Judge hears arguments in Indiana gay marriage case

In this 2011 photo is Amy Sandler, right, and her wife Niki Quasney in Munster, Ind. Indiana will be required to recognize the couple’s out-of-state marriage for at least a few days more as a federal judge considers whether to extend an April order that expires May 8, 2014 requiring the state to acknowledge the union. Quasney is terminally ill with advanced ovarian cancer, and the couple fear Sandler’s ability to collect Social Security and other death benefits would be harmed if their marriage isn’t recognized.  (AP Photo/Sun-Times Media, Jeffrey D. Nicholls)
In this 2011 photo is Amy Sandler, right, and her wife Niki Quasney in Munster, Ind. Indiana will be required to recognize the couple’s out-of-state marriage for at least a few days more as a federal judge considers whether to extend an April order that expires May 8, 2014 requiring the state to acknowledge the union. Quasney is terminally ill with advanced ovarian cancer, and the couple fear Sandler’s ability to collect Social Security and other death benefits would be harmed if their marriage isn’t recognized. (AP Photo/Sun-Times Media, Jeffrey D. Nicholls)

EVANSVILLE, Ind. (AP) — Indiana will be required to recognize a gay couple’s out-of-state marriage for at least a few days more as a federal judge considers whether to extend an April order requiring the state to acknowledge the union.

U.S. District Judge Richard Young heard arguments Friday in Evansville on a request that the state recognize the 2013 Massachusetts marriage of Niki Quasney and Amy Sandler of Munster. Quasney is terminally ill with advanced ovarian cancer, and the couple fear Sandler’s ability to collect Social Security and other death benefits would be harmed if their marriage isn’t recognized.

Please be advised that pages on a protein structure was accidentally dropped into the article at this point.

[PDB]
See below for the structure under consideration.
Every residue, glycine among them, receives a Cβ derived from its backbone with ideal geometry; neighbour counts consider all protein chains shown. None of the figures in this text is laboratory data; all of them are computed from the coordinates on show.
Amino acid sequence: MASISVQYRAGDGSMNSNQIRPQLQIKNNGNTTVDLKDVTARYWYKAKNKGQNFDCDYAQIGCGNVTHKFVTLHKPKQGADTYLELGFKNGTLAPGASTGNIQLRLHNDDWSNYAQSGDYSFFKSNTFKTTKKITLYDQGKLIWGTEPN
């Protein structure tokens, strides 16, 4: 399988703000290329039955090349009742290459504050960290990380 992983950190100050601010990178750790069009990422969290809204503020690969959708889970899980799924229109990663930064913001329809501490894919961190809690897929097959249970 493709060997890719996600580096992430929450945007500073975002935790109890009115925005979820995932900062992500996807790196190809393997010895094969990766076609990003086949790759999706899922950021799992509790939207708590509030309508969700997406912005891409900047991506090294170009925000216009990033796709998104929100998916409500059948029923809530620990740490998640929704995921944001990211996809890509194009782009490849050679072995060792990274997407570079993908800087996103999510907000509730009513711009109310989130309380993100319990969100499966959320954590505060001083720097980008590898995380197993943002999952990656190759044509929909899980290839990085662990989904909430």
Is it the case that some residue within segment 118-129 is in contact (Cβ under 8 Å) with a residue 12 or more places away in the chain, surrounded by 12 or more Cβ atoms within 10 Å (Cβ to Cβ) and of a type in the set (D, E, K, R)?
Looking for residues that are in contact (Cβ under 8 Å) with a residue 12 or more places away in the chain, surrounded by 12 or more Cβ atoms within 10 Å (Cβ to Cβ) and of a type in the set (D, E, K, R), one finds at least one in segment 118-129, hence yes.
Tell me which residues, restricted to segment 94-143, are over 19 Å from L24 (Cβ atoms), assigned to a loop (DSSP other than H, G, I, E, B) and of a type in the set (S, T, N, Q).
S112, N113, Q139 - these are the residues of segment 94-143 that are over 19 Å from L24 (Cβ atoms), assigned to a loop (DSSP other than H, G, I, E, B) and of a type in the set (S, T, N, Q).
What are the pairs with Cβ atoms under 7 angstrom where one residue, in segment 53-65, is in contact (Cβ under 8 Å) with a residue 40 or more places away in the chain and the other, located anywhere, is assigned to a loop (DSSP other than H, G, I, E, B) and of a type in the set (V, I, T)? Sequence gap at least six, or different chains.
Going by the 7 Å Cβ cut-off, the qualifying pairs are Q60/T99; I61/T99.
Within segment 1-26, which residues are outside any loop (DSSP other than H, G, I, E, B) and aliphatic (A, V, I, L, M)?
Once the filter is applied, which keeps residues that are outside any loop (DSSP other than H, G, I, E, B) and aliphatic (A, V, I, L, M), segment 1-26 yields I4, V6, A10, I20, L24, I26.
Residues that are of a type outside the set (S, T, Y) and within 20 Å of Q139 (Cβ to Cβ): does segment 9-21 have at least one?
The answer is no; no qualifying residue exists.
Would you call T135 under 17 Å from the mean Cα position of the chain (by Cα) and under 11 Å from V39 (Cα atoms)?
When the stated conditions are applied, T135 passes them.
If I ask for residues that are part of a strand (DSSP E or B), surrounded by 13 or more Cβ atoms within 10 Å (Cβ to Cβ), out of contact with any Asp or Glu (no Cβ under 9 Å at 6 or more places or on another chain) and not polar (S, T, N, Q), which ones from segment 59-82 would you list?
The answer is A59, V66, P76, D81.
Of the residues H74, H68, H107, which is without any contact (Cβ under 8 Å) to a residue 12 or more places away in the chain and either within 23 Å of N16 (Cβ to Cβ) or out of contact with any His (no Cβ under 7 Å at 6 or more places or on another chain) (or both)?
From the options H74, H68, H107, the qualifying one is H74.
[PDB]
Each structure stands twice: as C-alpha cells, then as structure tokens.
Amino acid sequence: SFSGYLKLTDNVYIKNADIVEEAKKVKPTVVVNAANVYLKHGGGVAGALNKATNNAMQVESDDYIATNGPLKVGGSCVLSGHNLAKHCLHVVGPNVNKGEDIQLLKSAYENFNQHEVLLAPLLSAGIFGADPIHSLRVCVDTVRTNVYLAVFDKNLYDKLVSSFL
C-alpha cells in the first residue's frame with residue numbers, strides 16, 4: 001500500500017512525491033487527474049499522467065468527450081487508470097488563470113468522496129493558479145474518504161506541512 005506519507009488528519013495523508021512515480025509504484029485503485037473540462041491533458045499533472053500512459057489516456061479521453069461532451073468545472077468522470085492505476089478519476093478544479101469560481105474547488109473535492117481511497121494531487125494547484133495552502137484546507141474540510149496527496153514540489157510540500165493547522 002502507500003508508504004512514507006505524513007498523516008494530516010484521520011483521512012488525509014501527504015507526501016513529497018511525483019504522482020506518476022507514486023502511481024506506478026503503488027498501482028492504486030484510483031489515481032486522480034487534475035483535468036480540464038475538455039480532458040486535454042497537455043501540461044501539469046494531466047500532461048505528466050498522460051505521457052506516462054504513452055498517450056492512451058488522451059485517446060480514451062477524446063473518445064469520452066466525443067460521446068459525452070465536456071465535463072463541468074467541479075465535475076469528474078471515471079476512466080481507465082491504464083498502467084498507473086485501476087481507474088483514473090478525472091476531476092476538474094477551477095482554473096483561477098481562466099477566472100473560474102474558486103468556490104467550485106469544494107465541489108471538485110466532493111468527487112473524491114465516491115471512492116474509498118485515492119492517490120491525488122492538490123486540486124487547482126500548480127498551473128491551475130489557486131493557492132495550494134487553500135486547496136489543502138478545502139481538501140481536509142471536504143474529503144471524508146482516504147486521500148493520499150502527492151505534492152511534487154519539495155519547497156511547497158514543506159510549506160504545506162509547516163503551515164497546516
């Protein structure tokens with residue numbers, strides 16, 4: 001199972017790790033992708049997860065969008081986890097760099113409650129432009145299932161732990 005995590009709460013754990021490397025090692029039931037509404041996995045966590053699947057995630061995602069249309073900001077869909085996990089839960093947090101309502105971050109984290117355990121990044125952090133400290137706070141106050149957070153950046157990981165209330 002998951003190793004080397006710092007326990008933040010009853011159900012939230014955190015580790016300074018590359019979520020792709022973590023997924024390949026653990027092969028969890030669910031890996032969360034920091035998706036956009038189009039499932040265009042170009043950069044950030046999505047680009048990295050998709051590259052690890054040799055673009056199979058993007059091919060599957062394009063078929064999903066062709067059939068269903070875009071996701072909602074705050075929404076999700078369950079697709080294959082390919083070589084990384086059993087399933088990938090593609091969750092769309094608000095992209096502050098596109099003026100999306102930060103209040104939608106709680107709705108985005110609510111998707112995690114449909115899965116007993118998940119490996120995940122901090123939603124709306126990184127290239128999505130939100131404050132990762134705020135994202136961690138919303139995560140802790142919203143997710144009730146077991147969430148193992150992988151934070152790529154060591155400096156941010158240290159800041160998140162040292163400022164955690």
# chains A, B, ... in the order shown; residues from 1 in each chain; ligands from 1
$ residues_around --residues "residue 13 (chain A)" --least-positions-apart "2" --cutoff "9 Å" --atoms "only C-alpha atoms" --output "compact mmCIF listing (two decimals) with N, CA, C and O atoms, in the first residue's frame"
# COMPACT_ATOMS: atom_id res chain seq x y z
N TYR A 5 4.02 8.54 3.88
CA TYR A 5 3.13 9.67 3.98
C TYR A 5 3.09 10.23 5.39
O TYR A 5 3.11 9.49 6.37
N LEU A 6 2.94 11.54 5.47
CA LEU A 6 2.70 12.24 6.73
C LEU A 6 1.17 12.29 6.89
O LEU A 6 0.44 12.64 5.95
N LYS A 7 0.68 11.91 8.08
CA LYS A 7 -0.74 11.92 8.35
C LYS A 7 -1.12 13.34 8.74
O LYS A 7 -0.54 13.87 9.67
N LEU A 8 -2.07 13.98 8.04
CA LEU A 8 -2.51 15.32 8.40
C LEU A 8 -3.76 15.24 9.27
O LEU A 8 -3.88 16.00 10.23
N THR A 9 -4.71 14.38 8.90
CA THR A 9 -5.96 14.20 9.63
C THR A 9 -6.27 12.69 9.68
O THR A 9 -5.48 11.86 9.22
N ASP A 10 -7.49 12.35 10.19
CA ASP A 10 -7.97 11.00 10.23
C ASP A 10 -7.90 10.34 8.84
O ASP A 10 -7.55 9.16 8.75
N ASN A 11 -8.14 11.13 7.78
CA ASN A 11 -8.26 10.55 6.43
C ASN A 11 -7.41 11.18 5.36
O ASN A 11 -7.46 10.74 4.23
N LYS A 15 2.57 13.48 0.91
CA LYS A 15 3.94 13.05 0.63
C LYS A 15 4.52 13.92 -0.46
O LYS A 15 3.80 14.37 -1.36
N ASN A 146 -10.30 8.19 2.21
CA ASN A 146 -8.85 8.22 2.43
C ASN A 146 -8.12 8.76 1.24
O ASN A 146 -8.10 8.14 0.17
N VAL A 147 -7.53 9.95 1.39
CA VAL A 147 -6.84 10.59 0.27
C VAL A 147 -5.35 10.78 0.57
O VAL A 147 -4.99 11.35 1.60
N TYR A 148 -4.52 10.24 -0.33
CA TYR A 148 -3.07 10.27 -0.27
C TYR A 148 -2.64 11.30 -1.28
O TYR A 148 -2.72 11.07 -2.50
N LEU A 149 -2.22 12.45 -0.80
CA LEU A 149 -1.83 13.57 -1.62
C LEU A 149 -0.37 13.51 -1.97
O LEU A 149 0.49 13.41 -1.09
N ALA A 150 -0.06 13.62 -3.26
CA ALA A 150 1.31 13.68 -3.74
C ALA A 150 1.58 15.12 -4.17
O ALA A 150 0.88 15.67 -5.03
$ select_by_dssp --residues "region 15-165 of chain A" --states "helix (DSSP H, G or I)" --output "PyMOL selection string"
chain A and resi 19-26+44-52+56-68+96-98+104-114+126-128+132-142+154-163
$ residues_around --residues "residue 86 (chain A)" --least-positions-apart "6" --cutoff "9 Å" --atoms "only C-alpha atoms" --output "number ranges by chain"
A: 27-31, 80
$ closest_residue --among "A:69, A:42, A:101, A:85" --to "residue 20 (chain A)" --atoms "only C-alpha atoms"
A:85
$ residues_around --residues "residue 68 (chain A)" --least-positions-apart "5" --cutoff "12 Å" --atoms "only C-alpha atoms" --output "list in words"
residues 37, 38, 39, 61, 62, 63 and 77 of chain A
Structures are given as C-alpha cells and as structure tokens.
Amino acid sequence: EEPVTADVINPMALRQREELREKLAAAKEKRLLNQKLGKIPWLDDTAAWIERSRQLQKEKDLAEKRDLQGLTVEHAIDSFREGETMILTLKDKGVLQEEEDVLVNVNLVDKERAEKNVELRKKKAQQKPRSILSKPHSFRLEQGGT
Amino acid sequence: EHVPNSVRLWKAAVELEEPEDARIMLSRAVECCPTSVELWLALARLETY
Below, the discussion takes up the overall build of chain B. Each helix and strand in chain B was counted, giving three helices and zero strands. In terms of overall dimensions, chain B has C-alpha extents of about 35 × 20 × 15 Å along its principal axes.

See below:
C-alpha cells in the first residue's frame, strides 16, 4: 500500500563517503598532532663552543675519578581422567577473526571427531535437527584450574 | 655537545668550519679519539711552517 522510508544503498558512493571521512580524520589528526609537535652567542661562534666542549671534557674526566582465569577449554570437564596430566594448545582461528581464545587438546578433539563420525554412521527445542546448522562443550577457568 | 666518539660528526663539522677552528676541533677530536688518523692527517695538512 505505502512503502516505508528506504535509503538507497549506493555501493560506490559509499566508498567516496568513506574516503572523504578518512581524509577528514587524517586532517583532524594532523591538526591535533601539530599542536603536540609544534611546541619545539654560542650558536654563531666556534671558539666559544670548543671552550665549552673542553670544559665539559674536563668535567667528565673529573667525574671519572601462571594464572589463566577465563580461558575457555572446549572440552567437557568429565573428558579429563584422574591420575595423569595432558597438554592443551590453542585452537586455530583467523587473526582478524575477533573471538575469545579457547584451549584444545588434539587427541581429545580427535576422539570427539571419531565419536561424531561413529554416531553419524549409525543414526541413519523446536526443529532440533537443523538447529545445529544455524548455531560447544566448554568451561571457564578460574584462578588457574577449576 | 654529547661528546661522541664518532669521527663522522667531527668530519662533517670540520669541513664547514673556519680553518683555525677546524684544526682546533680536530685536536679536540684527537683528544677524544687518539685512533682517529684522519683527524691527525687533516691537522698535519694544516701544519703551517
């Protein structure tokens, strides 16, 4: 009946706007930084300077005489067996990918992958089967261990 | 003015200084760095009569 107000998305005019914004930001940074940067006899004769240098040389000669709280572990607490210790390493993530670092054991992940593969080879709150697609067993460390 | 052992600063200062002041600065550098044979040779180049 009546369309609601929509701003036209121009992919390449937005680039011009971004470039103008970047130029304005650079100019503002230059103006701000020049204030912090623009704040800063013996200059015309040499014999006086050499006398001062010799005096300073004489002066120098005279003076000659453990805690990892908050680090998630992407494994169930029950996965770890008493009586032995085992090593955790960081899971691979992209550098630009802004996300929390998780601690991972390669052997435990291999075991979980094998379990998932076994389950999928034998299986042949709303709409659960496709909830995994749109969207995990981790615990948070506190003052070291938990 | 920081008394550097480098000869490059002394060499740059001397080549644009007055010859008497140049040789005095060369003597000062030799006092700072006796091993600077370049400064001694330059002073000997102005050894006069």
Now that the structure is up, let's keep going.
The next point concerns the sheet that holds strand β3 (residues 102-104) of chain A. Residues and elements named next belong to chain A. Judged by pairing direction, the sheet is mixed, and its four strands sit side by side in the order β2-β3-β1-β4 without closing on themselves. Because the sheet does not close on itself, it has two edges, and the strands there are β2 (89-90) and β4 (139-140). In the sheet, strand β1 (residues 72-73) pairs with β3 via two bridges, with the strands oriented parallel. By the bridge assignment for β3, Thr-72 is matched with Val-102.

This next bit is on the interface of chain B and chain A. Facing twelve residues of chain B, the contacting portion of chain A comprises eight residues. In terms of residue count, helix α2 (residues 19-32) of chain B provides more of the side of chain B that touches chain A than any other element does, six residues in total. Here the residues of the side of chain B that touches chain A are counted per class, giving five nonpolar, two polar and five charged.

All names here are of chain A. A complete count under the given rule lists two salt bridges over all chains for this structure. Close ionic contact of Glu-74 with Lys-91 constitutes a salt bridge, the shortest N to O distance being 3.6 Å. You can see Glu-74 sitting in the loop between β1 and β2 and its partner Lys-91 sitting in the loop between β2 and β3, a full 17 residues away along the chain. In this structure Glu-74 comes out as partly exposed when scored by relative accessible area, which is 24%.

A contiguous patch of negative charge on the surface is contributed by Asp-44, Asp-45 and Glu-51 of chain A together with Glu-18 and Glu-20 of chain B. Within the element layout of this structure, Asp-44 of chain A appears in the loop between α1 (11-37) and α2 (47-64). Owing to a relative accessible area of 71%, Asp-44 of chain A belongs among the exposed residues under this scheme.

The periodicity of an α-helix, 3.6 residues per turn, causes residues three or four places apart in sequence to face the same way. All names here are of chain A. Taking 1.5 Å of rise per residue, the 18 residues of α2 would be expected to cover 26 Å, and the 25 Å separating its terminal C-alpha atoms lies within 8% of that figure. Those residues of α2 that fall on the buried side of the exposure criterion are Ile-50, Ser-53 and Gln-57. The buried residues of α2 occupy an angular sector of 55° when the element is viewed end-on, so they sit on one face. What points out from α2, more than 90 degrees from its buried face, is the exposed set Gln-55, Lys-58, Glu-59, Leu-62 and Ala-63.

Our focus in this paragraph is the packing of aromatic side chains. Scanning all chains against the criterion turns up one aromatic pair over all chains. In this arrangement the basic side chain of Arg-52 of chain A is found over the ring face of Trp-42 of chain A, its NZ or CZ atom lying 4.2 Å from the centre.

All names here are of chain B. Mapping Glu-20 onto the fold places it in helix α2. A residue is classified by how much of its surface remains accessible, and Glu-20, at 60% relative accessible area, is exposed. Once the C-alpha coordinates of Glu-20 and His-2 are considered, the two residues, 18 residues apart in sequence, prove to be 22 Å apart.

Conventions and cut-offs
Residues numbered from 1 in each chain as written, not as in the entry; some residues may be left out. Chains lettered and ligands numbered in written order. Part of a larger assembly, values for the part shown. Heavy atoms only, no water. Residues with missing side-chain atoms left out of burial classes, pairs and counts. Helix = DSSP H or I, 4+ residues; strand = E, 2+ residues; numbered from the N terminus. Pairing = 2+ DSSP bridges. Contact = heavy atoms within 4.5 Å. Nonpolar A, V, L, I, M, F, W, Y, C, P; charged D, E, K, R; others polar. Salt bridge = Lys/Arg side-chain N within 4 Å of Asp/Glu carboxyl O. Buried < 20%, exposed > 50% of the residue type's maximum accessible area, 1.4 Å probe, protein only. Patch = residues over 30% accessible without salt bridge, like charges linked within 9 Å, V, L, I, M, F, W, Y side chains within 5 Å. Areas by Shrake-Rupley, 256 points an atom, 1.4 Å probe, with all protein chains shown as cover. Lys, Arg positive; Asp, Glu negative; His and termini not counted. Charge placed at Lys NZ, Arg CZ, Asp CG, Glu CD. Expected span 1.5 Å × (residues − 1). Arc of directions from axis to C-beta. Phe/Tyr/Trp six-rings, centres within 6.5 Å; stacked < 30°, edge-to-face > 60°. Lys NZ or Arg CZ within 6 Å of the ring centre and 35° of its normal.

Young granted the couple a temporary restraining order last month. It expires next Thursday.

Attorneys for the state say there are other legal ways for Sandler to obtain property benefits after Quasney dies.

Indiana law defines marriage as between one man and one woman. The state does not recognize same-sex marriages or civil unions conducted in other states.

Indiana Solicitor General Thomas M. Fisher noted Friday that the law does not allow for a hardship exception. He said a death certificate could be amended at a later date.

Sandler and Quasney have been together 13 years and were married last year in Massachusetts, one of 17 states where gay marriage is legal. They have two young daughters.

Paul Castillo, staff attorney for Lambda Legal, said Friday that “Indiana has no justification whatsoever for denying them dignity and respect as a family during this extremely difficult time,” but noted that thousands of same-sex couples in Indiana also deserve recognition.

Quasney said she and Sandler aren’t seeking special privileges.

“We should have the same freedoms as other married Indiana couples,” she said.

Attorneys on both sides of the case expect it and similar lawsuits across the country to eventually make it to the U.S. Supreme Court. Rulings striking down gay-marriage bans in Michigan, Oklahoma, Utah and Virginia are already being appealed.

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